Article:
I'm studying Katherine Howard's life, and have frequently come across this quote from Chapuys:
"She is a pretty young creature, with wit enough to do as badly as the others if she were to try"
It's a popular quote - it's cited frequently - but nobody can seem to agree on who 'she' is: based on the majority of studies I've read of Katherine Howard's reign, the most popular view is that 'she' is Lady Elizabeth Wyatt (the wife of Thomas Wyatt.) However she would have been around 40 at the time so this seems to not fit, despite it being the most popular choice. If not her, then people argue that Chapuys meant Elizabeth Brooke, the niece of Elizabeth Wyatt. Which fits more, since she was younger, but why the insistence on it being a Wyatt/Brooke?
It's also been described as being about Katherine Howard, herself, very often.
Where is this quote from, and is there someone to access the full thing online? Can anybody clear up who the quote is referring to? I find it unlikely to be Katherine Howard, but I don't understand why the Brooke/Wyatts crop up so often.
Here's transcript of Chapuys' letter (#92):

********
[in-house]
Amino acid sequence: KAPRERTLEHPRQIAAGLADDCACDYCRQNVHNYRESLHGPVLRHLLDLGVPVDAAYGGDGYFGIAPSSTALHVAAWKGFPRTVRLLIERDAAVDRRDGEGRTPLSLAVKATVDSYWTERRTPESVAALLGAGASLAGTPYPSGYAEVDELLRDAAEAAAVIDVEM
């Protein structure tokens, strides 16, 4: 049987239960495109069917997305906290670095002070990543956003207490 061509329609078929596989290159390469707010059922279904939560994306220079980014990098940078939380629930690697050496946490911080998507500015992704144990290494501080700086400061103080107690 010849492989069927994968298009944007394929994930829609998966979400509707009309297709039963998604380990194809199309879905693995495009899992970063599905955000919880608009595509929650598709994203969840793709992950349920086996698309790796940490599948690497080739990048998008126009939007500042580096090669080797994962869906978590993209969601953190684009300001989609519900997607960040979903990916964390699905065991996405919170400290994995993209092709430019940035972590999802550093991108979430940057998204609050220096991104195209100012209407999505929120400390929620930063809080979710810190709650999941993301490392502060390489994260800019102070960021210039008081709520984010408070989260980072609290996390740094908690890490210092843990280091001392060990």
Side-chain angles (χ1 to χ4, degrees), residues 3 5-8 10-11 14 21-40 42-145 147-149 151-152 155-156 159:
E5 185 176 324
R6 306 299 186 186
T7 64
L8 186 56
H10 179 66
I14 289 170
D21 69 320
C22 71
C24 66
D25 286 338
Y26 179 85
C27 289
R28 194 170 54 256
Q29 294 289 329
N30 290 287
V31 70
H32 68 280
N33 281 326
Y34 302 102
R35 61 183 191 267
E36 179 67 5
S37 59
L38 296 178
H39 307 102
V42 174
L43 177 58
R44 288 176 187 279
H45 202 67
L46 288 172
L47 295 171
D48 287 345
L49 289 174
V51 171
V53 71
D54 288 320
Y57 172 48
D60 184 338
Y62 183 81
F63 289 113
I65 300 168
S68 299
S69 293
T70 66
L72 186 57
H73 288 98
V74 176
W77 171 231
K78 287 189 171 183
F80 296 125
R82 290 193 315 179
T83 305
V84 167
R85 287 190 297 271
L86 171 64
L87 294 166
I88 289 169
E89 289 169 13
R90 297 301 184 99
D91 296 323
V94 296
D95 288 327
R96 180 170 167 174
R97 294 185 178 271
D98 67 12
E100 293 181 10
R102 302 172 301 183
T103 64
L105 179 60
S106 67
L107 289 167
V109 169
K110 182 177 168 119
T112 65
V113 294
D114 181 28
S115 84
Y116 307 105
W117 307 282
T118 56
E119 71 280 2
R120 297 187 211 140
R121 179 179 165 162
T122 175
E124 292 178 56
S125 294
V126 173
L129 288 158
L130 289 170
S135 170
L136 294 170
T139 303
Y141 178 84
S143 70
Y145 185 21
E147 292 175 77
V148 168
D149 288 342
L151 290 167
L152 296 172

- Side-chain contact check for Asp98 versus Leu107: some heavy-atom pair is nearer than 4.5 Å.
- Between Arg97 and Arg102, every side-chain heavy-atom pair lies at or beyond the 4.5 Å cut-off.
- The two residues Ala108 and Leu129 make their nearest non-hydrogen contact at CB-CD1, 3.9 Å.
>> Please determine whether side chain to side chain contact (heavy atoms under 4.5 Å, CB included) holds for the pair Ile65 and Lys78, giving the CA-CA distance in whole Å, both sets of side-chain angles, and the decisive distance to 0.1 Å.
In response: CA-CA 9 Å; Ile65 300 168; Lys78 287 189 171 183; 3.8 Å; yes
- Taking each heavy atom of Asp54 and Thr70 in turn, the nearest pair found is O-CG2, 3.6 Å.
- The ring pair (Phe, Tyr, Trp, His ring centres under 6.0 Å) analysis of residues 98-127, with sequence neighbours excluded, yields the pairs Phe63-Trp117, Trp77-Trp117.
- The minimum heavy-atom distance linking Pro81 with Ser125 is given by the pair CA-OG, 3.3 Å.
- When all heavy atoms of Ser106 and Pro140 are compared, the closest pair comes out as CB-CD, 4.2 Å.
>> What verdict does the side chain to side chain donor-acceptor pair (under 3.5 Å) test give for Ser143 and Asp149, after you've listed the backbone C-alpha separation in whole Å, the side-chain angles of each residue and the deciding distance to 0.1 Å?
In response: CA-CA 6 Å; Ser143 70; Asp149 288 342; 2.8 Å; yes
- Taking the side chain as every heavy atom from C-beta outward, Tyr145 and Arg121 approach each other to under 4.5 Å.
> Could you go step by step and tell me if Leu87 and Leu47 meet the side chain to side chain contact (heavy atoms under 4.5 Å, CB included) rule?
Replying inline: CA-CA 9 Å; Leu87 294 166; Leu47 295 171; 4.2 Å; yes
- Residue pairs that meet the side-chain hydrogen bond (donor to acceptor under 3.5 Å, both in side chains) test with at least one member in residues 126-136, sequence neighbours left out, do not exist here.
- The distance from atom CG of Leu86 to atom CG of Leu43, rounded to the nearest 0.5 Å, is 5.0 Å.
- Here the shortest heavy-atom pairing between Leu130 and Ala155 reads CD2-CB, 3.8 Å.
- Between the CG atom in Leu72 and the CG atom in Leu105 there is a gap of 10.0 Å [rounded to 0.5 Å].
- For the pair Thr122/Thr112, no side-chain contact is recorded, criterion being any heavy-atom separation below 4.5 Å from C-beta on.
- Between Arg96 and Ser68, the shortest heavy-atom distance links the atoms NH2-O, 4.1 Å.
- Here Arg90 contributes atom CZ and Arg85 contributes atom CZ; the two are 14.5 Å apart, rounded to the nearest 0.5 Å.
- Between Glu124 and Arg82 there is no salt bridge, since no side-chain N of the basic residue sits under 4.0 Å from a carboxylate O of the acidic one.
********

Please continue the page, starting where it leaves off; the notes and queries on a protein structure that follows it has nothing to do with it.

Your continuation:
"Wrote on the 29th ult of the Queen's condemnation and that of the duchess of Norfolk, her daughter, (fn. 13) and lady Rochford. Till then the King had never been merry since first hearing of the Queen's misconduct; but he has been so since, especially on the 29th, when he gave a supper and banquet with 26 ladies at his table, besides gentlemen, and 35 at another table close by. The lady for whom he showed the greatest regard was the sister of lord Cobham, whom Wyatt sometime ago repudiated for adultery. She is a pretty young creature, with wit enough to do as badly as the others if she were to try."
Wikipedia on Wyatt cites a book from 2012 confirming the separation from Elizabeth Brooke - I guess it was a divorce from bed and board: